Within a week, I had a response from the BC Liberal Party’s privacy officer, Kevin Tang. The party knew my full name, my residential address, my mailing address, the riding I live in and the number for the polling station where I would vote.
In the “support” section they had me marked as a “will not say,” which is what I always tell canvassers, a response they dated to May 2009. They also knew that I had voted in 2017.
“This reflects what the Party and the local riding association have on file for you,” Tang wrote. “The information would have been used for Voter ID purposes.”
Failure to respond
The response from the BC Liberal Party did not, however, include anything about individuals or organizations to whom the information may have been disclosed, and Tang did not respond to follow up messages about that part of the law.
While the BC Liberal response was incomplete, the BC NDP and the BC Green Party didn’t respond at all.
The automated response from the NDP thanked me for taking the time to write, then warned that the party receives a high volume of messages. “Please be assured that we review all our incoming messages and distribute them to appropriate staff,” it said.
But eight months later I hadn’t received a response. Nor was there a prompt response to a reminder I sent last week, so I put my reporter’s hat back on and wrote to a media contact, who said the party would need a couple business days to respond.
As of Monday afternoon, I was assured a response was on the way, but it hadn’t arrived by publication time.
In April, the Canadian Press Creative Commons Licensed reported that BC Liberal Party president Sharon White had signed a letter to the acting Information and Privacy Commissioner, Drew McArthur, alleging that the NDP was routinely breaking PIPA.
"We have obtained documentation concerning the activities of the B.C. NDP, Strategic Communications, the municipal political parties, Vision Vancouver, Coalition of Progressive Electors and the Surrey Civic Coalition, and B.C. NDP officials in Saanich, B.C., which show serious and ongoing breaches of the Personal Information Protection Act," CP reported the letter saying.
‘Should be very easy’: official
From the BC Greens, the automated response I received last May thanked me and assured me my email was important to them. “Our volunteer-powered response team will get back to you as soon as possible,” it said, adding that due to the high volume of messages it could take a few days.
Not having had a response, I sent a reminder last week and received the same automated message, but this time attributed to a different party official.
A little later, it was followed by an email from Laura Lavin, the party’s executive director, apologizing that the May message had reached the party but not been forwarded to her or the party’s privacy officer. She gave me an address for the privacy officer, and I sent him a message to which I’ve not yet heard back.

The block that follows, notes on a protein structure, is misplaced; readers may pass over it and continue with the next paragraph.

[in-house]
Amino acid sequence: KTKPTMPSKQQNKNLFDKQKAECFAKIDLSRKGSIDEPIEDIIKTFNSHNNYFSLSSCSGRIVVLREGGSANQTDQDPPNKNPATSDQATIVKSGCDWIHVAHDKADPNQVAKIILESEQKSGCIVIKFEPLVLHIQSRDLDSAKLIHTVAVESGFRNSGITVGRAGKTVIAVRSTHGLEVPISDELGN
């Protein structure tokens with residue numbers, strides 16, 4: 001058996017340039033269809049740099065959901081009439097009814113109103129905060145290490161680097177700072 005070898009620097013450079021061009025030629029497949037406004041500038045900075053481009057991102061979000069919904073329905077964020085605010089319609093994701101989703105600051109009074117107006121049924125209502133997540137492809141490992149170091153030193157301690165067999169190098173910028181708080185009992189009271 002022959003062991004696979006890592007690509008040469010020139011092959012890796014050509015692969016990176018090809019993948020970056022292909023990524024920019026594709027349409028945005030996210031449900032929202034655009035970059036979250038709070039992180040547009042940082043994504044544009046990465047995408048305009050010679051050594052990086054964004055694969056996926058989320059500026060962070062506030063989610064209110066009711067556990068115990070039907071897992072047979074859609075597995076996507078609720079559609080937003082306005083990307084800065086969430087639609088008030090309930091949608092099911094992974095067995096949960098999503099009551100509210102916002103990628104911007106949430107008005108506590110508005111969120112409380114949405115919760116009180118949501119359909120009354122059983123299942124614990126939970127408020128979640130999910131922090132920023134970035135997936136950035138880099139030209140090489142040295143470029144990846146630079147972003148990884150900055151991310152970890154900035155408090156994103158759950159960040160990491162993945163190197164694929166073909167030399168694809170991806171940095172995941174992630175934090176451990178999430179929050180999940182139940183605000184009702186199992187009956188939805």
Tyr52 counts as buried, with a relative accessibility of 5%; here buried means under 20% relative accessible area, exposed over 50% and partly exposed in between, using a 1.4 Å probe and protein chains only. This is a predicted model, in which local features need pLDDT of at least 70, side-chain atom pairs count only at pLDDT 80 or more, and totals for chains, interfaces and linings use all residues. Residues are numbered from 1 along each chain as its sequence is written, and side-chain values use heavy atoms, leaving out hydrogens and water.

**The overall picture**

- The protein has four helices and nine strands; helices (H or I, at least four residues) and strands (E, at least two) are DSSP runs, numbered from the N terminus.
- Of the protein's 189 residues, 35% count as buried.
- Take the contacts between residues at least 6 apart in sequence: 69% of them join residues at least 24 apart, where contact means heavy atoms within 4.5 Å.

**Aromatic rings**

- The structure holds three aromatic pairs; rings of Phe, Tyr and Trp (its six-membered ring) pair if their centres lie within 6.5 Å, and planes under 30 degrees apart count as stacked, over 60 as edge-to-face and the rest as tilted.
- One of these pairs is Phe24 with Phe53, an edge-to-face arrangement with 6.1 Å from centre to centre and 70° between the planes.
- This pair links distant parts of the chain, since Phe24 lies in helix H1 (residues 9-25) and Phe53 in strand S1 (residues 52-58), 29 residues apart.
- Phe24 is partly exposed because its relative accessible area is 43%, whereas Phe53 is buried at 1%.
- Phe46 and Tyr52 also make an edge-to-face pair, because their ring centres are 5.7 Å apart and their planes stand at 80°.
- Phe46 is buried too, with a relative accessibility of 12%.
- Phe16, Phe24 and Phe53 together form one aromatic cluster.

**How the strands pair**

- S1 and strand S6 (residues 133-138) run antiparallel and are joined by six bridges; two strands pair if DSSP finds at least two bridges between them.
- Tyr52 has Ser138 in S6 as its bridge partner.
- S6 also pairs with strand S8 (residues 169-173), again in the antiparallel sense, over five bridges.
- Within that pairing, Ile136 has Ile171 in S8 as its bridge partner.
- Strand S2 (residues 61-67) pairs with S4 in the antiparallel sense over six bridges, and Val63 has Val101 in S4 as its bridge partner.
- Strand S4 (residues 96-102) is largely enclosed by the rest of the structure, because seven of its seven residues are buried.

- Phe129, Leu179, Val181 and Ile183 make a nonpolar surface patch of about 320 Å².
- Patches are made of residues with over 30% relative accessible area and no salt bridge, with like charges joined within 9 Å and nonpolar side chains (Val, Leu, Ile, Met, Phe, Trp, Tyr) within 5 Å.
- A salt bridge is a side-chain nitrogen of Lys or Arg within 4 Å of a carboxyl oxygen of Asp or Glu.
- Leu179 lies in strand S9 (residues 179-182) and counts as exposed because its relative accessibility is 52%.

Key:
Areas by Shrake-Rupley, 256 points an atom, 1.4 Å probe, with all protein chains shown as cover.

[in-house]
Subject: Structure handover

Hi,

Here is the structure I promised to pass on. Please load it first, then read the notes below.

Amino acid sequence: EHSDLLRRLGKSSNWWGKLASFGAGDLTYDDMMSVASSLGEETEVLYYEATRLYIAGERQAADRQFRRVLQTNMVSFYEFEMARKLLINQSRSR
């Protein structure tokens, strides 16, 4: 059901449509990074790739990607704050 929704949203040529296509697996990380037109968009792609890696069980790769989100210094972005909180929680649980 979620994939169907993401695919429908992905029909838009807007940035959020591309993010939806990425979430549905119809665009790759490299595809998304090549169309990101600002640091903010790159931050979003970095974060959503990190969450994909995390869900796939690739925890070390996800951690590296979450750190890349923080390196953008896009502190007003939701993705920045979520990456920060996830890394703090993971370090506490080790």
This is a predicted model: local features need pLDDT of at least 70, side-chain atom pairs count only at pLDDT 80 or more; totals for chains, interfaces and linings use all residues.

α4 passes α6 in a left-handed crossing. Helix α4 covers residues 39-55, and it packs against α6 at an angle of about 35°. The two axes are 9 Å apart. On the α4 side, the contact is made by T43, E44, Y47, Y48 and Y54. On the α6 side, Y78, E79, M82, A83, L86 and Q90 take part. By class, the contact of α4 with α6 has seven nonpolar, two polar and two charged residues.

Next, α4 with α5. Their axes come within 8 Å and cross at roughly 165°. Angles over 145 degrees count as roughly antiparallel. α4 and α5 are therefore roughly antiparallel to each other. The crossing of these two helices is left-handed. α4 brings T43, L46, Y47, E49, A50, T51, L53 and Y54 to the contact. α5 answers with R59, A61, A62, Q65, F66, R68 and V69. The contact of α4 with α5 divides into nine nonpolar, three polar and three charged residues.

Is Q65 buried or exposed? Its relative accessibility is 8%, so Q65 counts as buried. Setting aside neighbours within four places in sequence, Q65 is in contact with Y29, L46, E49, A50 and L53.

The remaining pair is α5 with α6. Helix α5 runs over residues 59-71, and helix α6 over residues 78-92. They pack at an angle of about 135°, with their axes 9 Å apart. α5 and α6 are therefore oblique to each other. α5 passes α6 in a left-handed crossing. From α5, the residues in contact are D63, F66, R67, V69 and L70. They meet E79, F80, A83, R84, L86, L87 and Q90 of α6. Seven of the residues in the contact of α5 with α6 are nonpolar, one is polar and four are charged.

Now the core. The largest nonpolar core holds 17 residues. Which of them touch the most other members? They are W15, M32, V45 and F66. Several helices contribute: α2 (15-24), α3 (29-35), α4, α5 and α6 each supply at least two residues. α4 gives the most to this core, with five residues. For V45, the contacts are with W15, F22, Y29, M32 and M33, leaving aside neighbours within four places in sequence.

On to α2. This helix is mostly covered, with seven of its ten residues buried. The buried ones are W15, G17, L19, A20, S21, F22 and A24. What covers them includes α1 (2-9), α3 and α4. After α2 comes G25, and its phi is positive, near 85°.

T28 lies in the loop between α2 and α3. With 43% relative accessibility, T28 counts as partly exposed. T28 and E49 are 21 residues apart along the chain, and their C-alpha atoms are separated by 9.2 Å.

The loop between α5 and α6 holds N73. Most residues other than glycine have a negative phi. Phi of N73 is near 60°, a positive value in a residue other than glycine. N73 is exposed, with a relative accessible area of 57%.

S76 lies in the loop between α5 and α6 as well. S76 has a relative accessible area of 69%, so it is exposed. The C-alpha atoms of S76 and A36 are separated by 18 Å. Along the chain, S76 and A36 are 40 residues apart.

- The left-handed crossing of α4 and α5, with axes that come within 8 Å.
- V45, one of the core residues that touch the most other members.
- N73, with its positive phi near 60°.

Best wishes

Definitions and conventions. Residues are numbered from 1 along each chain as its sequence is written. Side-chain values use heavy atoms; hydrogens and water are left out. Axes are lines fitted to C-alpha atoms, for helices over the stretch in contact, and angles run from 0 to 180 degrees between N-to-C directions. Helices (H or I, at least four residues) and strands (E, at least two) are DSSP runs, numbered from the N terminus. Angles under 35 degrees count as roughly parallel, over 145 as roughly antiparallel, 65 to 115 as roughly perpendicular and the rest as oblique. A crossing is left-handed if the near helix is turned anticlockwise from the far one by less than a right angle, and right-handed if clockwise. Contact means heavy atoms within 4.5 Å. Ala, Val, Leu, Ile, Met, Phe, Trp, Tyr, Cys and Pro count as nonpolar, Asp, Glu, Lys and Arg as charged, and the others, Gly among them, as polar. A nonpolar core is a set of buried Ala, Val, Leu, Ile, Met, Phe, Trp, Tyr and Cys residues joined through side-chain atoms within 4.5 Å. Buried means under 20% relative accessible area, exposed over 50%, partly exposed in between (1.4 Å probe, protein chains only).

Weldon at the OIPC said it’s reasonable to use the addresses the parties provide to the public, especially if there’s confirmation the request has been received. “At that point you’ve provided your request to the organization and at that point the 30 days starts ticking.”
It should be unnecessary to badger the parties for a response, he said. “It should be very easy.”
If an organization fails to respond to a request under PIPA, the requester can complain to the OIPC, something I’ve so far chosen not to do. Weldon said the office gets few complaints about the parties, but added that’s likely because few people know the parties are subject to PIPA and few request their personal information from them.
Weldon said the OIPC’s investigation into how the parties are complying with PIPA is related to a change made in 2015, when MLAs voted unanimously to expand the information that would be provided to the parties.
Particularly controversial was a change that would allow them to know whether or not an individual had voted.
Asked what the parties can do with the information they collect, Weldon said, “That is the substance of what we’re trying to sort through with our investigation.”
One of the challenges, Weldon said, is the parties collect information from multiple sources, including from Elections BC, canvassing, petitions, event attendance and fundraising. “It all obviously is going to be mixed up in their database, and how do they keep track of what right they have to treat information in a certain way based on it’s source, when maybe there’s just one profile for ‘Andrew MacLeod’ and it’s got the information all mixed up.”
And then there’s the question of consent. When a party or other organization is pulling data from many places, then feeding it through algorithms to make predictions about you and your behaviour, it is very difficult for most people to fully understand how their information is being used.
“In order for consent to continue to be meaningful, people really have to understand what it is they are consenting to, which is the main concern that we have,” Weldon said.
Following PIPA, with its requirement that the parties tell individuals what they know about them and how that information has been used, would be a start.